A team at Monash University have revealed that many mums feel a sensation akin to a foetus kicking inside them, long after they’ve given birth.
They’re hoping to find out if these movements have any connection to women’s postpartum mental health.
The researchers looked at a small group of 197 women who had gone through pregnancy. They found that a pretty hefty 40 percent of the women had experienced what they are referring to as ‘phantom foetal kicks’ in the years after birth.
These women reported feeling this sensation for an average of … wait for it … 6.8 years! One woman upped that further, saying her phantom kicks persisted for a whopping 28 years.
The phantom kicks were very regular too. Close to 20 percent of women felt them daily, and around 40 percent felt them “more than once a week,” New Scientist reports.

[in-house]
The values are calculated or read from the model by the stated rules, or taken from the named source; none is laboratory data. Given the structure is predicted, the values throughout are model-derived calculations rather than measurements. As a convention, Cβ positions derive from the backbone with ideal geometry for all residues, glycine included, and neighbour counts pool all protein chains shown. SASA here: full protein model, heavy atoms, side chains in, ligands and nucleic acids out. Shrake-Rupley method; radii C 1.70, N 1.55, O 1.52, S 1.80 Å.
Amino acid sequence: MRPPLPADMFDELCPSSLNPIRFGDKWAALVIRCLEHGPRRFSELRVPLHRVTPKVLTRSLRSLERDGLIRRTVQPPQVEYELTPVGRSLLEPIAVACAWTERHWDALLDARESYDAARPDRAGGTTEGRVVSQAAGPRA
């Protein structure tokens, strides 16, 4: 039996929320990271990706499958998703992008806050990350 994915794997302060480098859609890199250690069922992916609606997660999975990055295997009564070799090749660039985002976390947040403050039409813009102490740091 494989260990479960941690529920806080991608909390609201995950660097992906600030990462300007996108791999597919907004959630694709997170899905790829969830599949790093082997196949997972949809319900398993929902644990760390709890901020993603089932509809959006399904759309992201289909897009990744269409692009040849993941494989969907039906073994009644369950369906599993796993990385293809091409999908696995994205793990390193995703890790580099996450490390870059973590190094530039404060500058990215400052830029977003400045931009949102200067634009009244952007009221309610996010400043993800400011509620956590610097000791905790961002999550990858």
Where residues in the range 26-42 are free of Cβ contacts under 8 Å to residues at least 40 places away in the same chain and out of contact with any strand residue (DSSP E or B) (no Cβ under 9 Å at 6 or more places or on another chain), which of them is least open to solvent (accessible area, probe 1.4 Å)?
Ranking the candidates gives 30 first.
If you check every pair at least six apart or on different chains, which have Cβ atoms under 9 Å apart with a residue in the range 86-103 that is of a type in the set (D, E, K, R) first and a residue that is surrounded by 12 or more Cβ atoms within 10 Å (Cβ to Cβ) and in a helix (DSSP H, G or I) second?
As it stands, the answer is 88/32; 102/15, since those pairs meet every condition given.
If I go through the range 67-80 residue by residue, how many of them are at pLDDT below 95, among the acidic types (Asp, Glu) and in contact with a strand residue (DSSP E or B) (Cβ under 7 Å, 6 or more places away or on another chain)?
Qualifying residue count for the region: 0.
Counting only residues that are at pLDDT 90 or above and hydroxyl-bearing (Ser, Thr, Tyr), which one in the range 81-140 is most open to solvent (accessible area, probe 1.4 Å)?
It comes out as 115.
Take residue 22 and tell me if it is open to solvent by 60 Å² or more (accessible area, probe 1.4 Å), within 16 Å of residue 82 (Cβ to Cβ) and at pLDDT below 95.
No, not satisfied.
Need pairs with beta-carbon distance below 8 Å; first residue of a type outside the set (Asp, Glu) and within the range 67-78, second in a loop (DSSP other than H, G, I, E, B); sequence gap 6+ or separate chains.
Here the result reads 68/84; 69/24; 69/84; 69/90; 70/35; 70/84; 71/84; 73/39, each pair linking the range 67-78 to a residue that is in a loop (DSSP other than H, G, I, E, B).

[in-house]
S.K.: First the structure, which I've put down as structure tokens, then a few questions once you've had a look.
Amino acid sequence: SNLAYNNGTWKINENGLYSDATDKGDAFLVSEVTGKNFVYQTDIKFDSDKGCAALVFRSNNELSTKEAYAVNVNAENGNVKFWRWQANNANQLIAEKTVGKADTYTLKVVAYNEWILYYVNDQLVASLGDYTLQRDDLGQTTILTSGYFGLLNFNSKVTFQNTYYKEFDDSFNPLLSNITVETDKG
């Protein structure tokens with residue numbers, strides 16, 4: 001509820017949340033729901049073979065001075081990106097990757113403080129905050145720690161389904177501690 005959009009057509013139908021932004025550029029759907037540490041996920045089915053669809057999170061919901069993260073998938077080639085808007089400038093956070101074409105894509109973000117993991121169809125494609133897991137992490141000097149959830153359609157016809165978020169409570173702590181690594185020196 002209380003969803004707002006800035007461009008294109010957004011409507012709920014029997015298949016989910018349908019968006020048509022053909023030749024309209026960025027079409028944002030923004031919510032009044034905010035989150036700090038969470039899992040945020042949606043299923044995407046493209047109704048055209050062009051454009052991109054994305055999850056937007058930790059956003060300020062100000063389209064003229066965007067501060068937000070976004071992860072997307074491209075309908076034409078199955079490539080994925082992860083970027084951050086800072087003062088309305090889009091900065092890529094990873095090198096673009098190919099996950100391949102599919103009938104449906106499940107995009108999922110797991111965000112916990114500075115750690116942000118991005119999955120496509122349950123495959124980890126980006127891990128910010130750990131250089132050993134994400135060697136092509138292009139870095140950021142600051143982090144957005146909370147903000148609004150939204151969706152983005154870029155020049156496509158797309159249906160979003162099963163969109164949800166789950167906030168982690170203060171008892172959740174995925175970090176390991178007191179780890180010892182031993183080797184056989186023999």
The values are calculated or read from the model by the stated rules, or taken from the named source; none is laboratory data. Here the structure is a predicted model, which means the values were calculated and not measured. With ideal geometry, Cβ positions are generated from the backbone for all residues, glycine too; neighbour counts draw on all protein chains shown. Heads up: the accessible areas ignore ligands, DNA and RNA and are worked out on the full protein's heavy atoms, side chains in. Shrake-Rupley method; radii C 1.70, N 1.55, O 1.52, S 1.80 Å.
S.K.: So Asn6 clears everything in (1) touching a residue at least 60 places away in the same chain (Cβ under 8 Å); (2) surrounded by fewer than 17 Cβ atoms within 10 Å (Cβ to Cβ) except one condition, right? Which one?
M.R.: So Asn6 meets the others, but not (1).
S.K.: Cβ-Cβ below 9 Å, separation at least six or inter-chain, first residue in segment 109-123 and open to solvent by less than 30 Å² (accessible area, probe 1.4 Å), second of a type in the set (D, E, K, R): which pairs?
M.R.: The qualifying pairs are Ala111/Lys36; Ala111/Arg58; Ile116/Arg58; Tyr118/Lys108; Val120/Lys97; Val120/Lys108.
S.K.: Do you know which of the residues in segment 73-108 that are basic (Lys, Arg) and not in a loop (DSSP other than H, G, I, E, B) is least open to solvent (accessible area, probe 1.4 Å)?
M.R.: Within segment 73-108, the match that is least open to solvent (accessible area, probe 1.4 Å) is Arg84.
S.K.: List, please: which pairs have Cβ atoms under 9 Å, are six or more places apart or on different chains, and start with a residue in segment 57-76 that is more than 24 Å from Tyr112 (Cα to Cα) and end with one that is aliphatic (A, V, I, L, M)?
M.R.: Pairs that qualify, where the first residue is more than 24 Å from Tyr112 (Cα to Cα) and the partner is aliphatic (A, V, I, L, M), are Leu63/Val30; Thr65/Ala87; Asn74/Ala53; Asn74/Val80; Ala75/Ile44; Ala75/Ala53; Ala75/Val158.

The results of this study have recently been published online, and its authors explain that women had mixed feelings about these ‘kicks’.
“We found that women describe the phantom sensations as ‘convincing’, ‘real kicks’ or ‘flutters’,” they reported. “Twenty-five percent of women described the experience as positive.”
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Confusing and upsetting?
“Twenty-seven percent reported [they] felt confused or upset by the experience,” the researchers confirmed.
The Monash team concluded that while these kicks and flutters are quite commonplace, they are not sure why they are felt.
They theorised that these movements may be perceived because of changes in body awareness and body mapping – called proprioception – during pregnancy.
The team behind this research says this is an understudied area, and point out that postpartum health research, in general, is focused on babies rather than mums.
We look forward to hearing much more about the links between these phantom kicks and how they might lead us to better optimise mums’ mental health.